• January 8: The New York Times obituary of Thomas S. Monson focuses on controversial church issues during his presidency, to the protests of Latter-day Saints, leading to a response article from the Times.[165]
  • January 14: Russell M. Nelson is set apart as the 17th President of the Church,[166] with counselors Dallin H. Oaks and Henry B. Eyring. In a rare move, Dieter F. Uchtdorf is not retained as a counselor.[167]
  • January 18: An online petition with 11,000 signatures asks to remove sexual questions from youth worthiness interviews given by LDS bishops.[168][169] In June, the church clarifies that parents may accompany their youth in interviews.[170][171]
  • March 19: The Ensign announces the discontinuation of the monthly First Presidency Message, with the last one being in April's issue.[172]
  • March 21: A former MTC president is accused of sexual assault by a female missionary during his term in the 1980s. In a taped interview, he makes some corroborating admissions.[173][174]
  • May 30: Research into LDS Church private investments are released online by MormonLeaks, suggesting over $32 billion of holdings.[175][176]
  • March 31-April 1: General Conference brings new milestones:
    • Gerrit W. Gong and Ulisses Soares are sustained as apostles, the first to be Asian-American and South American.[177]
    • High Priest Quorums are now reserved for certain leaders, with all other High Priests transferred into their local Elders Quorums.[178]
    • Home Teaching and Visiting Teaching are replaced with Ministering.[179]
    • New temples will be planned for India and Russia.[180]
  • April 12: Russell M. Nelson, still early in his presidency, undertakes a world tour to England, Israel, Kenya, Zimbabwe, India, Thailand, China and throughout the Americas.[181]
  • May 9: The LDS Church announces that in 2020 a new youth program will replace its long-standing involvement with the Boy Scouts of America.[182]
  • June 1: Music and preaching at the 'Be One' celebration marks 40 years since the end of the priesthood and temple ban on black Latter-day Saints.[183]
  • June 18: The LDS Church created committees tasked with forming a unified hymnbook and children's songbook for the church. The intent of this project was to allow each language edition to have the same songs in the same order. The church allowed submissions for new hymns from the membership of the church until July 2019.[184]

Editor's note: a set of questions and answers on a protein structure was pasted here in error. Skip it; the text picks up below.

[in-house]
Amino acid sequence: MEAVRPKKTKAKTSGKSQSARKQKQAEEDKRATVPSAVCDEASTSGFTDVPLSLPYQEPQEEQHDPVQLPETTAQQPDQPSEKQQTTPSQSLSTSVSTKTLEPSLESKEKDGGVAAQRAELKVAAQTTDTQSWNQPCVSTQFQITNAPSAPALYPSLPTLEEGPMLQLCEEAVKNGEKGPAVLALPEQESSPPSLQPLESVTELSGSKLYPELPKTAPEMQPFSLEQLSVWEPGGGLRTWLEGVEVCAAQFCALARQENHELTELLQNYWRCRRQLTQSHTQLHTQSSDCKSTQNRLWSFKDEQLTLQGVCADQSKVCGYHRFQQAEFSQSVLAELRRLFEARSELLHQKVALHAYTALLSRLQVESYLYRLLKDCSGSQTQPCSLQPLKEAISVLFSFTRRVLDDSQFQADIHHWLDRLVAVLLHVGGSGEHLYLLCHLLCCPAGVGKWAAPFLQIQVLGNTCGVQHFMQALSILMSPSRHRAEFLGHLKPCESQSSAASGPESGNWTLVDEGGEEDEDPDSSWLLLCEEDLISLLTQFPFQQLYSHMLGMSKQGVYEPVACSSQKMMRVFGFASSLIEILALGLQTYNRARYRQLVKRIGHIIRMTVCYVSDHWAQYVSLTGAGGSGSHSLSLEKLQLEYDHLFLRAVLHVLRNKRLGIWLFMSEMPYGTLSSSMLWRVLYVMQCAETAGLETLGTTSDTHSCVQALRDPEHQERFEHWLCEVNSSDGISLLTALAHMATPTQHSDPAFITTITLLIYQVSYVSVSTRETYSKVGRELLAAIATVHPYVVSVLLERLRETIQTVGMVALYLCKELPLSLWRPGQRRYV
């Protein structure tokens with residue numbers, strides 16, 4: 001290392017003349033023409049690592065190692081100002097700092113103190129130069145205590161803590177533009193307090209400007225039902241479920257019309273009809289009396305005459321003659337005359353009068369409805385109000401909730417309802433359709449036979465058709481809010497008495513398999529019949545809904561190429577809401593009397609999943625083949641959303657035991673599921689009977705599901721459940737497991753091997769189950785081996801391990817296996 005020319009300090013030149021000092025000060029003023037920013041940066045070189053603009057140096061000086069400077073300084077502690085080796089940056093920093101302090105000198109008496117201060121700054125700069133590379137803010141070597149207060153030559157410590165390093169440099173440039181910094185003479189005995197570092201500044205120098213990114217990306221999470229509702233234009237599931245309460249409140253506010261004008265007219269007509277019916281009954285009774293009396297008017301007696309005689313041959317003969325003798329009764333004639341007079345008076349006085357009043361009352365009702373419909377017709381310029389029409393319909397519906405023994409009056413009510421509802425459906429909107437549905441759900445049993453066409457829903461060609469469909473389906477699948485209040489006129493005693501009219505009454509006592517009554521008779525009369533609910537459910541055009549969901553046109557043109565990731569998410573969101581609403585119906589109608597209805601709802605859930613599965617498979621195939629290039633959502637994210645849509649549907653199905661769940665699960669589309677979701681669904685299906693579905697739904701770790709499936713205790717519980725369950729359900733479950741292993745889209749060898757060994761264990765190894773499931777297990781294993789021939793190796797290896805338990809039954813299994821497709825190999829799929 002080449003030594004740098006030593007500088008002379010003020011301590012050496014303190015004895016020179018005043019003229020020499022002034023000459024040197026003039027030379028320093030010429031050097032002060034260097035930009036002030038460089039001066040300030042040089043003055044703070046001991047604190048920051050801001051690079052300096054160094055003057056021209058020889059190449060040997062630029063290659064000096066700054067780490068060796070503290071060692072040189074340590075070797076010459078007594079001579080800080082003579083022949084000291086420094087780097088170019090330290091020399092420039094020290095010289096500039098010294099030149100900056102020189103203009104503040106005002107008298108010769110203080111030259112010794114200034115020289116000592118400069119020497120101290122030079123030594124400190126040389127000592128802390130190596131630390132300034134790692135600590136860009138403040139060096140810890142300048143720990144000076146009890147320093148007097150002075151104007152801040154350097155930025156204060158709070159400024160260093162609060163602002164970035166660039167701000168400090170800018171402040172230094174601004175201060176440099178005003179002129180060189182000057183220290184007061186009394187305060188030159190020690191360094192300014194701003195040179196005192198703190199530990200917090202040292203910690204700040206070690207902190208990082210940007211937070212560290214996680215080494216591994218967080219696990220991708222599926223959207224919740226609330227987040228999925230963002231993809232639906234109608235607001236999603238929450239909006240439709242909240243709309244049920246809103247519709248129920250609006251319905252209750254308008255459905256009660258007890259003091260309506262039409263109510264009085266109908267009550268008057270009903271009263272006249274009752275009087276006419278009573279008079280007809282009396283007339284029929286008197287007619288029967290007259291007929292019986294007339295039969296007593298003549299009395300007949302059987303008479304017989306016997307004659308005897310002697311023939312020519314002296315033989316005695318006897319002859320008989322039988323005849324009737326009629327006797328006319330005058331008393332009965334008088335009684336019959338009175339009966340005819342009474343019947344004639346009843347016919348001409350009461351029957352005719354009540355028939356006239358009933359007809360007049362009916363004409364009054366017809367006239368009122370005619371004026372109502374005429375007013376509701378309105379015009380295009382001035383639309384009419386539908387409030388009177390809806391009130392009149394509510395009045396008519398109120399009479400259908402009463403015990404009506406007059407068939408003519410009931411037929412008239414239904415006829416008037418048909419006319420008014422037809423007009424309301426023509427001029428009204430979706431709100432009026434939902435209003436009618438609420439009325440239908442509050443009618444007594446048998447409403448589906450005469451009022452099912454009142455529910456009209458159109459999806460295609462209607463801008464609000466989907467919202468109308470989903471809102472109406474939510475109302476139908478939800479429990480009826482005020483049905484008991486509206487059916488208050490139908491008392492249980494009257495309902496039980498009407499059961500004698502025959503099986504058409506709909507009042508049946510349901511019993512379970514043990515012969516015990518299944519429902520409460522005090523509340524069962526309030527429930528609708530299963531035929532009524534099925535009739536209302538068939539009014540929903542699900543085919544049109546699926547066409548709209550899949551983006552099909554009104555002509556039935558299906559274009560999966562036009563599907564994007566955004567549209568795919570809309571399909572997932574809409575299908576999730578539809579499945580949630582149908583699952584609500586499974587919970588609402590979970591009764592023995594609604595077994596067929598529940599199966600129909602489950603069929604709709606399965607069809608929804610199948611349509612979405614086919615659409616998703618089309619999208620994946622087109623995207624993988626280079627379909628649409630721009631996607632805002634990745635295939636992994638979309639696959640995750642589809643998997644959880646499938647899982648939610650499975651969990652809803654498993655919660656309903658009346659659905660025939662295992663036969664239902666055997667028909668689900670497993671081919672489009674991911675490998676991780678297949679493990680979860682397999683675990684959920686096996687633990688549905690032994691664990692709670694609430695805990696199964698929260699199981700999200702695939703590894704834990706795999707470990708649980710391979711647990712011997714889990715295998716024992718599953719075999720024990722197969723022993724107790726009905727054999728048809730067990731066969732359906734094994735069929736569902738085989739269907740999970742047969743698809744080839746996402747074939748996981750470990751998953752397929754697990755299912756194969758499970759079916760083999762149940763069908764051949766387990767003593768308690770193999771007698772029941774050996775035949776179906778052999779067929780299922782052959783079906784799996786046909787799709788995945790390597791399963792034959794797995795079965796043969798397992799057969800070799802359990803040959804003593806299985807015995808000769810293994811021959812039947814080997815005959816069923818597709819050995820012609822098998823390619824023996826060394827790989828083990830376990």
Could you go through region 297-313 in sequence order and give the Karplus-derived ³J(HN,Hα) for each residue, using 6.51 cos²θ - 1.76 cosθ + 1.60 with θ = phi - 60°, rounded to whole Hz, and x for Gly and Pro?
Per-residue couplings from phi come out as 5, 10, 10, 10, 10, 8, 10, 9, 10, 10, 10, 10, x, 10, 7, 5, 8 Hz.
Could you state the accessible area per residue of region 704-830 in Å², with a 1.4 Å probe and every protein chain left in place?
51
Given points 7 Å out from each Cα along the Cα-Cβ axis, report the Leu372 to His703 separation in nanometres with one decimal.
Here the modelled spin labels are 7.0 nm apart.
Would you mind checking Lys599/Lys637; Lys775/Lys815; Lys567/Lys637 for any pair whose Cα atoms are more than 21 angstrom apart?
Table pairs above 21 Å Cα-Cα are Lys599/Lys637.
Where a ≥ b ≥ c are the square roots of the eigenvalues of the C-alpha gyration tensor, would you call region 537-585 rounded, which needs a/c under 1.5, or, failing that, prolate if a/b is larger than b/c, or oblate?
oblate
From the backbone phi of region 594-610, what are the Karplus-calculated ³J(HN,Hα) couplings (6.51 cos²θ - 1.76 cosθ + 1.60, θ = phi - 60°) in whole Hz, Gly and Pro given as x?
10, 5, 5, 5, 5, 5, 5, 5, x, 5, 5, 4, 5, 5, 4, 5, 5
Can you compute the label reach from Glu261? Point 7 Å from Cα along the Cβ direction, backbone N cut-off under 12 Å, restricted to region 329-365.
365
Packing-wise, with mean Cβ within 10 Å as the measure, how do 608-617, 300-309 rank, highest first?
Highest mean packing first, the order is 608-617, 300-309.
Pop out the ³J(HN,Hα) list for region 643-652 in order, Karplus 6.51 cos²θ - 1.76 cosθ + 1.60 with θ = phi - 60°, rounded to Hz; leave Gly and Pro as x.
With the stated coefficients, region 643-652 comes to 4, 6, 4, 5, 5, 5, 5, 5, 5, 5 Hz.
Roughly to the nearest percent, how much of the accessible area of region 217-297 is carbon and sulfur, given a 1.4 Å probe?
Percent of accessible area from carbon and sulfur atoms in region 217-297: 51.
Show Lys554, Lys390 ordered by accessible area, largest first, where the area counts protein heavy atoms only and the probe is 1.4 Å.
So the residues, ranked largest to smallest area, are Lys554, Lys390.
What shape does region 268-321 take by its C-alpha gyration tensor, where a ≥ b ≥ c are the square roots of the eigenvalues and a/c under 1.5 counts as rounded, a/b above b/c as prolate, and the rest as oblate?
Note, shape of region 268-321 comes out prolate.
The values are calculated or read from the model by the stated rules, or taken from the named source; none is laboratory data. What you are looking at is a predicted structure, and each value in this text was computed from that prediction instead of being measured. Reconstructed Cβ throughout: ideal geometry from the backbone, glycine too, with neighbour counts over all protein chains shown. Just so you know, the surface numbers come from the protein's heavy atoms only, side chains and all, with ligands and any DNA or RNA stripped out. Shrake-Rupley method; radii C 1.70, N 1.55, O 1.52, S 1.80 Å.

• August: As midterm congressional elections approach, Latter-day Saint dislike of Donald Trump is reported to reduce their support for conservative candidates.[185] A post-election survey in November confirms lower support for Trump.[186][187]
  • August 18: The LDS Church asks that all refer to it by its full name, and stop using nicknames including Mormon or LDS.[188]
  • August 23: The LDS Church campaigns against a Utah ballot initiative for medical marijuana, and urges members to vote against it. The church later backs a compromise bill, but the ballot initiative passes in November.[189][190][191]
  • September 4: The LDS Church publishes the first volume of Saints, a narrative history that uses current scholarship and covers some historical controversies.[192]
  • October 5: The Mormon Tabernacle Choir's name is changed to the Tabernacle Choir at Temple Square, following the new church policy to avoid the name Mormon.[193]
  • October 6-7: General Conference brings new milestones:
    • Latter-day Saint Sunday worship meetings are changed to a 2-hour block, replacing the 3-hour block introduced in 1980.[194]
    • The Women's Session is incorporated into the 2-day schedule for General Conferences held in October, alternating its timeslot with the Priesthood Session in April.[93]
    • Twelve new temples are announced.[195]
  • October 27: The LDS Church re-evaluates its pageants, later deciding to end four of them, including the Hill Cumorah Pageant, the Mormon Miracle Pageant.[196][197]
  • November 6: In midterm elections Mitt Romney is elected United States Senator in Utah, but the number of Latter-day Saints in congress drops to a 30-year low.[198][199]
  • December 14: LDS youth advance to their next older classes and quorums in the January before their 12, 14, or 16-year-old birthdays, instead of on their actual birthdays.[200]

2019[edit]

See also[edit]

References[edit]